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Old December 21st, 2017, 01:14 PM   #1
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Equipment recommendations for on-line course

I'm designing an on-line course that teaches people how to create their own family history documentaries and I want to be able to suggest some decent but affordable gear. It will be mostly sit-down interviews and some b-roll. Any ideas for a low priced camcorder that could still provide a shallow depth of field? It's been a while since I used consumer-level equipment so I'm not sure how much they've improved. Would a DSLR be a better option?. Also a decent lower cost lav and some cheaper light kits. Any suggestions would be greatly appreciated! thx
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Old December 21st, 2017, 02:44 PM   #2
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Re: Equipment recommendations for on-line course

All respect, but maybe this is all you need on the tech side: Make sure granny isn't sitting with her back to a window. Hold your smartphone horizontal. Go.
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Old December 21st, 2017, 04:30 PM   #3
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Re: Equipment recommendations for on-line course

It's true.

If you're going to futz around with consumer level equipment then you might as well get a cell phone and use it to shoot the video - they're giving pretty good results these days. I've even used one in a pinch (accident scene) and you can't tell the difference as I held it horizontal and steady.

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Old December 21st, 2017, 06:57 PM   #4
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Re: Equipment recommendations for on-line course

I agree most people are just going to go with the cheapest option and use what they have, a smart phone. Then it would come down to a tripod for a phone and lav mic. Although most people interested in family history are going to be older and not tech savvy to do any of this. You also should include how to import, edit and distribute (some phones have apps for that) it still gets complicated fast.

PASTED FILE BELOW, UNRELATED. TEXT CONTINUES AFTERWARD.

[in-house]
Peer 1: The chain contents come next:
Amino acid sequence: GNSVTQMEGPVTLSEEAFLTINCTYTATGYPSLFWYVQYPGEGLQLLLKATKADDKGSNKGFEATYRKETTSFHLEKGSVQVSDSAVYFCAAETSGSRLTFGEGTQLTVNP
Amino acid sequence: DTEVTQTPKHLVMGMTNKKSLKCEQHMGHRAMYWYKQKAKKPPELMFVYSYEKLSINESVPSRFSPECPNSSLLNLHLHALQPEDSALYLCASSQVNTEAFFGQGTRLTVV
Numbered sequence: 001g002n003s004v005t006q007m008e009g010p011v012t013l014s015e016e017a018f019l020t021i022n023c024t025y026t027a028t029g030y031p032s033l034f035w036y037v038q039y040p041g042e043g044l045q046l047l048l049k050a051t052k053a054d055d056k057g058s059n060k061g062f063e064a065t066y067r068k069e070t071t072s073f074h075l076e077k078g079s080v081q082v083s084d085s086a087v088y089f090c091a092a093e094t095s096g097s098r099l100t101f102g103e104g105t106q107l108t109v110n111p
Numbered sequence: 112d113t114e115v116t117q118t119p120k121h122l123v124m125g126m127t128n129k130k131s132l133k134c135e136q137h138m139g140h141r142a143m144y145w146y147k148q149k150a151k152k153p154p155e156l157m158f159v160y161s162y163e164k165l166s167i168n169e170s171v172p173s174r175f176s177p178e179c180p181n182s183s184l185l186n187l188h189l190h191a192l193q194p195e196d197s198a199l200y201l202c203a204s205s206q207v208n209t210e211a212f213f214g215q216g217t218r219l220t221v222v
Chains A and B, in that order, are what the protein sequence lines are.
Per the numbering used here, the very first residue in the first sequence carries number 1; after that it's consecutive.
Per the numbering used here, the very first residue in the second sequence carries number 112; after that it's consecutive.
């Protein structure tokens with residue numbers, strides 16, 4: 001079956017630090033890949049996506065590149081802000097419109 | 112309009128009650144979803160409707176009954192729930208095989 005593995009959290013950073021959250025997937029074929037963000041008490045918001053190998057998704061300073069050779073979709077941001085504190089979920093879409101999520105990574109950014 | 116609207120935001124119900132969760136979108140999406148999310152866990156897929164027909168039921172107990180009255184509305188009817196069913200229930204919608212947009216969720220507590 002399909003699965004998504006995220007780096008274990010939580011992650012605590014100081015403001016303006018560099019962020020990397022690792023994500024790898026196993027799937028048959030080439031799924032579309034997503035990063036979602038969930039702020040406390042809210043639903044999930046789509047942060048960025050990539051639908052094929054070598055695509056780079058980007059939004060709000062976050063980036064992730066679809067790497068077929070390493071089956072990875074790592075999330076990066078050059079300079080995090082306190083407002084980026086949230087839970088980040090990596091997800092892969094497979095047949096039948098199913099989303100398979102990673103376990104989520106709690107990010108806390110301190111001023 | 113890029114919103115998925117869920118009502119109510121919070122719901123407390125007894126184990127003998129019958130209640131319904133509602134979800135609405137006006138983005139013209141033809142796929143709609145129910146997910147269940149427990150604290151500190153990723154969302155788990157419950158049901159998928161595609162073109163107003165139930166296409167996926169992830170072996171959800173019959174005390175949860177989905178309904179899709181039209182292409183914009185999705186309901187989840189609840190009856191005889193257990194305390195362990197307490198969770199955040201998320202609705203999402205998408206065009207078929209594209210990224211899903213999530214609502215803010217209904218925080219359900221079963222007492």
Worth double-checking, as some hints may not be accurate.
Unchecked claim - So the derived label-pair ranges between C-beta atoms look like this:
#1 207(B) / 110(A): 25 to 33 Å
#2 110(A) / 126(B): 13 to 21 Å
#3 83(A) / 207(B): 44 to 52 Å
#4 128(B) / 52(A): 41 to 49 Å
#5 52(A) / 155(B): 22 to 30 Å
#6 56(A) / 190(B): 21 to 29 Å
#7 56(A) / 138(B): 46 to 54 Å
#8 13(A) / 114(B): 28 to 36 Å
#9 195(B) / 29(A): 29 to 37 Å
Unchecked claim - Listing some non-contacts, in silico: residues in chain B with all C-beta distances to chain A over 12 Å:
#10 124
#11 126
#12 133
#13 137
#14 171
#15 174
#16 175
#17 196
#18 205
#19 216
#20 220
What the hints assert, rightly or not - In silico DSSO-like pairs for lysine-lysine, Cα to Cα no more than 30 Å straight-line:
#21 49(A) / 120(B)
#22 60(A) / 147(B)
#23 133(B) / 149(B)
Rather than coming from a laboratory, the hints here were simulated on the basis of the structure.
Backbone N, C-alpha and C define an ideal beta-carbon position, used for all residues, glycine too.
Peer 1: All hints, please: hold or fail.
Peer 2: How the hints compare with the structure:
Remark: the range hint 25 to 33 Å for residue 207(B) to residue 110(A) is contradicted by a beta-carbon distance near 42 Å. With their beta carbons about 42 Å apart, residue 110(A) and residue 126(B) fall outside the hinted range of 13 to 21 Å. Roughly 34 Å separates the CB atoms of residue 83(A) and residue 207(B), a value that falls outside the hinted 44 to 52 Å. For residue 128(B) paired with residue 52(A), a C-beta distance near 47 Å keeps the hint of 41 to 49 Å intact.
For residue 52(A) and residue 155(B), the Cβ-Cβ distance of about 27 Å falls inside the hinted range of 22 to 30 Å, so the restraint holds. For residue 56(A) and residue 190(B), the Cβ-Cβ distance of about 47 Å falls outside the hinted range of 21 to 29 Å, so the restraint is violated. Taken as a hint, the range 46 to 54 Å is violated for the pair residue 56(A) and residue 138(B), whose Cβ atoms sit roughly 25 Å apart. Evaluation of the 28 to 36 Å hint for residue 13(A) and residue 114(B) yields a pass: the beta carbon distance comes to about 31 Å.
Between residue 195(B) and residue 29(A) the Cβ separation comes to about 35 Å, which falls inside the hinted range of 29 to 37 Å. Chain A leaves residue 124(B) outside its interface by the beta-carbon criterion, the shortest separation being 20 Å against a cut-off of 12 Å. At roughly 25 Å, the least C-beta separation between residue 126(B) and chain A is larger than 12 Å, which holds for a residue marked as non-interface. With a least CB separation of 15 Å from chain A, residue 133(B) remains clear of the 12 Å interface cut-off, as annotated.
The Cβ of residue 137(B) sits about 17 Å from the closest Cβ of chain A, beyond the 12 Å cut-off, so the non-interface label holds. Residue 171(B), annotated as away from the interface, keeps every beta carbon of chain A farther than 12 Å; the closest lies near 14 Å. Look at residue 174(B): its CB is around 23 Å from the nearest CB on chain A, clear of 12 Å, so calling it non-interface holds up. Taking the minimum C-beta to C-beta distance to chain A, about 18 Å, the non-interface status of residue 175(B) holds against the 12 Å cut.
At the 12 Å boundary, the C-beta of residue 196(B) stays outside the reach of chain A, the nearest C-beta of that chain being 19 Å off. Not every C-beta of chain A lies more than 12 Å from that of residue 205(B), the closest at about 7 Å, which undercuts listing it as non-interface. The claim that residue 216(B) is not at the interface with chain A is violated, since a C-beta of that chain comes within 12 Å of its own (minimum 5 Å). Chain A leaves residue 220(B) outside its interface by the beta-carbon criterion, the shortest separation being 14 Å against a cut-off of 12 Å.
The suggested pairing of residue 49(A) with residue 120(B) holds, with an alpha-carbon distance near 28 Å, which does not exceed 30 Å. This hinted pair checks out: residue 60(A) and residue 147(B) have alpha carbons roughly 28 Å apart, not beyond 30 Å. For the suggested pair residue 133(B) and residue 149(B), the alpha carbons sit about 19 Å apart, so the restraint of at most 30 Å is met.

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Old December 22nd, 2017, 05:49 AM   #5
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Re: Equipment recommendations for on-line course

Several things to consider. Small sensors help get the focus right. There might be photos to scan and some of those may need restoration. Donít forget artifacts. There is the workflow of getting all that to film. Then there is the task of reliably sending that production on its time voyage. After all, why do it if folks in the future never see it?
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Old December 22nd, 2017, 03:16 PM   #6
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Re: Equipment recommendations for on-line course

Agreed, smartphone. You're USP (Unique Selling Point) can be that you 'teach them how to get the best outta their smartphone'. Things like working with llighting, a small tripod so its not handheld, placement of speaker vs windows, and composition.

You can have a segment giving recommendations to those buying gear, rather than suggest 1 camera I'd mention price ranges & what they get from them (sub $250, $250-500, $500+) or something along those lines, mention zooming to enable better composition based upon the rooms layout.

Lastly the big thing you'll need to recommend is a cheap, easy editing tool? I know there's freeware Photoshop type software, but I don't know of any aside from Windows Movie Maker, which I find terribly cumbersome the few times I ever tried it. Maybe there's tutorial vids out there for people.
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